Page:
Jets-Isles Preview: What the Enstrom Injury Means

Scott Taylor
November 03 2011 12:36PM

 

 

On the one hand, the injury to Jets defenseman Tobias Enstrom means that somebody else is going to get a load of ice time.

On the other hand, it means Claude Noel is pooched. 

It's not like Noel doesn't have other defensemen. Fact is, he has six of them at his disposal tonight. However, when his Winnipeg Jets skate out onto the ice at Nassau County Coliseum to face the New York Islanders, he won't have the guy who is playing more than 25 minutes a game.

Enstrom is to Noel what Bobby Orr was to Harry Sinden, Tom Johnson and Don Cherry. Sure, Toby Enstrom ain't no Bobby Orr, but when you add up his ice time after a game, you might think he is. For instance, in the Jets season-opener against Montreal, Enstrom played 25 minutes and 23 seconds. A full 7:38 came on the power play with another 1:56 on the penalty kill. In the shootout loss to the Leafs on Oct. 19, he played 31 minutes and five seconds with 5:24 on the power play and 3:03 on the penalty-killing unit.

We could waste your afternoon and look at all the other games, but you get the point. Tobias Enstrom is 13th in ice time in the NHL this year. Less than a week ago, he was fifth. However, when he was injured on Monday night in Sunrise, Fla., he'd played only 15 minutes -- of 36 minutes in the game. He was actually on pace for another 30-plus minute outing thanks to overtime.

But with Enstrom out of the lineup, along with Mark Stuart, Ron Hainsey and Derek Meech, Noel has some stress. The head coach of the Jets needs to find a replacement for the player he trusts more than any other before his team faces a 3-4-2 Islanders club in their own barn (and that place really IS a "barn") tonight. He needs a gifted skater who is responsible in his own zone, has a decent shot, great puck-handling skills and sees all of the ice. He needs a guy who plays bigger than he is (Enstrom is only 5-foot-10, 180 pounds), can kill penalties AND play on the power play and has the ability to settle down a defensive unit that can panic without notice (see: Johnny Oduya).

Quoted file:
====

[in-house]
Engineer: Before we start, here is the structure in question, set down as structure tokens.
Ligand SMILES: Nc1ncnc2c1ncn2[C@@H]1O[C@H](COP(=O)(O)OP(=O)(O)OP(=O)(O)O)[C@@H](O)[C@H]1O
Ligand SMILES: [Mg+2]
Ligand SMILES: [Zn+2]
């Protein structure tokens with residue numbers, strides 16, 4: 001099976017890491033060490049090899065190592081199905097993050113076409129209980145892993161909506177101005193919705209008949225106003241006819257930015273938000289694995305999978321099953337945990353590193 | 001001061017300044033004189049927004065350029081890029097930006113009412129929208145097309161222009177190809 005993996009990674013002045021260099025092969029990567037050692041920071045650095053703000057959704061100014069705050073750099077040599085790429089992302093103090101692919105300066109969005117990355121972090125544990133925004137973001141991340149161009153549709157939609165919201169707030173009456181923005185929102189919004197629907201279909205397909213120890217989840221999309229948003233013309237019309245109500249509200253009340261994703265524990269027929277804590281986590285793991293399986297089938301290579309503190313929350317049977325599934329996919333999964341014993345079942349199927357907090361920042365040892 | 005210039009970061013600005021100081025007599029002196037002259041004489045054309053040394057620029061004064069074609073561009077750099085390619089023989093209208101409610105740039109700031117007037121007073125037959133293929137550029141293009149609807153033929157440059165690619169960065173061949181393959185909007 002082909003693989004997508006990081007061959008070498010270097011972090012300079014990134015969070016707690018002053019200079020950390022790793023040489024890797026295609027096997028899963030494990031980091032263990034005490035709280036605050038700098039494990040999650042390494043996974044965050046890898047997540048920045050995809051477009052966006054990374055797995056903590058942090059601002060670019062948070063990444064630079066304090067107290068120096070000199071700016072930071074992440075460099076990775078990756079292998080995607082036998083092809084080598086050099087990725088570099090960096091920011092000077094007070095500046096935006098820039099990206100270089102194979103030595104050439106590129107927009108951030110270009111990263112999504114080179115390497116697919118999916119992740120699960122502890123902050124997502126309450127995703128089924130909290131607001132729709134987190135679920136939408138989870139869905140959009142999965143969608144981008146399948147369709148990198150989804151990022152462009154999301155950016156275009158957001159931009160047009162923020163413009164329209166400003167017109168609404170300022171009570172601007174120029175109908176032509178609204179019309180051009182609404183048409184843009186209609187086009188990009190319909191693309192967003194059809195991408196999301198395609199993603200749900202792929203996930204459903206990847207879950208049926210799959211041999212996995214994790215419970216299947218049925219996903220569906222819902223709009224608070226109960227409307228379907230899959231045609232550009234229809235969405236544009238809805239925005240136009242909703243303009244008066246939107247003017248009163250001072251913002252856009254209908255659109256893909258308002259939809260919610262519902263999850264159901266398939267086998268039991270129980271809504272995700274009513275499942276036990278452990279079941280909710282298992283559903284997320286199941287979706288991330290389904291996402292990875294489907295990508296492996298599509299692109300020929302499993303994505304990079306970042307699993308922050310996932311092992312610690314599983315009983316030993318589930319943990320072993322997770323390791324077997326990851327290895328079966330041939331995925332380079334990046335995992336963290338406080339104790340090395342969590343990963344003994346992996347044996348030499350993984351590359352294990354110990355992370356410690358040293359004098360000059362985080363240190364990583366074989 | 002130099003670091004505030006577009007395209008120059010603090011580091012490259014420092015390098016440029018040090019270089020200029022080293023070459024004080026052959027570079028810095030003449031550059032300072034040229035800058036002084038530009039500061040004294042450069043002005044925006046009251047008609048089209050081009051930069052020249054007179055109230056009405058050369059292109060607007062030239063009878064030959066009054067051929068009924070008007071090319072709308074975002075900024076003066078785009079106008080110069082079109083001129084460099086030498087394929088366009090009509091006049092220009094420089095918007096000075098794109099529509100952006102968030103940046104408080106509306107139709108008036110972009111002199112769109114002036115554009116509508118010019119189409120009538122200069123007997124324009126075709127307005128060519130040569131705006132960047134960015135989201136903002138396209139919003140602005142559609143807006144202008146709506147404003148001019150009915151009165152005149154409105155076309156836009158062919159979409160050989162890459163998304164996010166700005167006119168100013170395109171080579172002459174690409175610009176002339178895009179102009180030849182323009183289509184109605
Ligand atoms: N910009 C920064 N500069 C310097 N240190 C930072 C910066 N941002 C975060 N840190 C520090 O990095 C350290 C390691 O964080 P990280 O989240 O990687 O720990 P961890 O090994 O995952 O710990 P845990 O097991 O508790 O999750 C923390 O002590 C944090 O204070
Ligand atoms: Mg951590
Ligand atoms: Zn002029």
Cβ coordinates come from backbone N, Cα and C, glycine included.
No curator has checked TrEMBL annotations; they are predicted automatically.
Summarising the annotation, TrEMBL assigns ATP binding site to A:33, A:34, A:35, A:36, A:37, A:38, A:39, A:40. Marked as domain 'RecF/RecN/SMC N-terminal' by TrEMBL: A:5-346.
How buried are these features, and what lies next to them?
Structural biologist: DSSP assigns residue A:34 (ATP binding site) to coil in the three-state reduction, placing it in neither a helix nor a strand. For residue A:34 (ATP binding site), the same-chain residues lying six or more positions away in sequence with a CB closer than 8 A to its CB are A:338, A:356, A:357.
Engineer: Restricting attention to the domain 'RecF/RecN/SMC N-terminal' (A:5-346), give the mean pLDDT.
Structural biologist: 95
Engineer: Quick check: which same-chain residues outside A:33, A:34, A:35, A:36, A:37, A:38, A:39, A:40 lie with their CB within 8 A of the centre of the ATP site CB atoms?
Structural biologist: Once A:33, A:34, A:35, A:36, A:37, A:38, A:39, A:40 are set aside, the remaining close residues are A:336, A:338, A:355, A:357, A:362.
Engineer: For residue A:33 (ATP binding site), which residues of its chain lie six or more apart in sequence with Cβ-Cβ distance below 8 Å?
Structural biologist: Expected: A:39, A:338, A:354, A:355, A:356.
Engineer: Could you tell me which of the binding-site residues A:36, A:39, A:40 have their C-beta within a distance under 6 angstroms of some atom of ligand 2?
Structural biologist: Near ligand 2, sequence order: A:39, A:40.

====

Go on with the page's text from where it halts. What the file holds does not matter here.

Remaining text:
Too bad his AHL call-ups, Brett Festerling and Mark Flood, don't have the skills to fill the hole. Too bad Dustin Byfuglien is the best power forward in the NHL playing on the point. To bad Oduya or Randy Jones aren't good enough. In fairness, Zach Bogosian might be and we might find out how good -- or not so good -- he is tonight.

Regardless, when the Jets face the Islanders tonight, Noel needs one of the following elements to turn into his best defenseman: A power forward disguised as a defensemen, a skilled 21-year-old, a guy with a great agent (I wonder if Oduya's agent could get me $4 million to turn over the puck?) and three AHL-level reaguards. Noel needs one of those guys to step up and play exactly like the most trusted player in a Jets uniform.

Ahh, well, it could happen. 

Then again, Noel could just close his eyes, hope the Islanders go out and play like the Islanders and maybe Big Buff will stop pretending to be a defenseman and actually turn into Serge Savard.

Granted, Serge Savard ain't Bobby Orr, either, but he'd do in a pinch.

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Scott Taylor wrote the definitive bestselling book on the Winnipeg Jets, a book that comes with the perfect title: "Winnipeg Jets: A Celebration of Professional Hockey in Winnipeg." He has covered the Jets as a writer and broadcaster since the WHA days in 1976. He likes the Jets and danced the conga at The Forks when the team returned.
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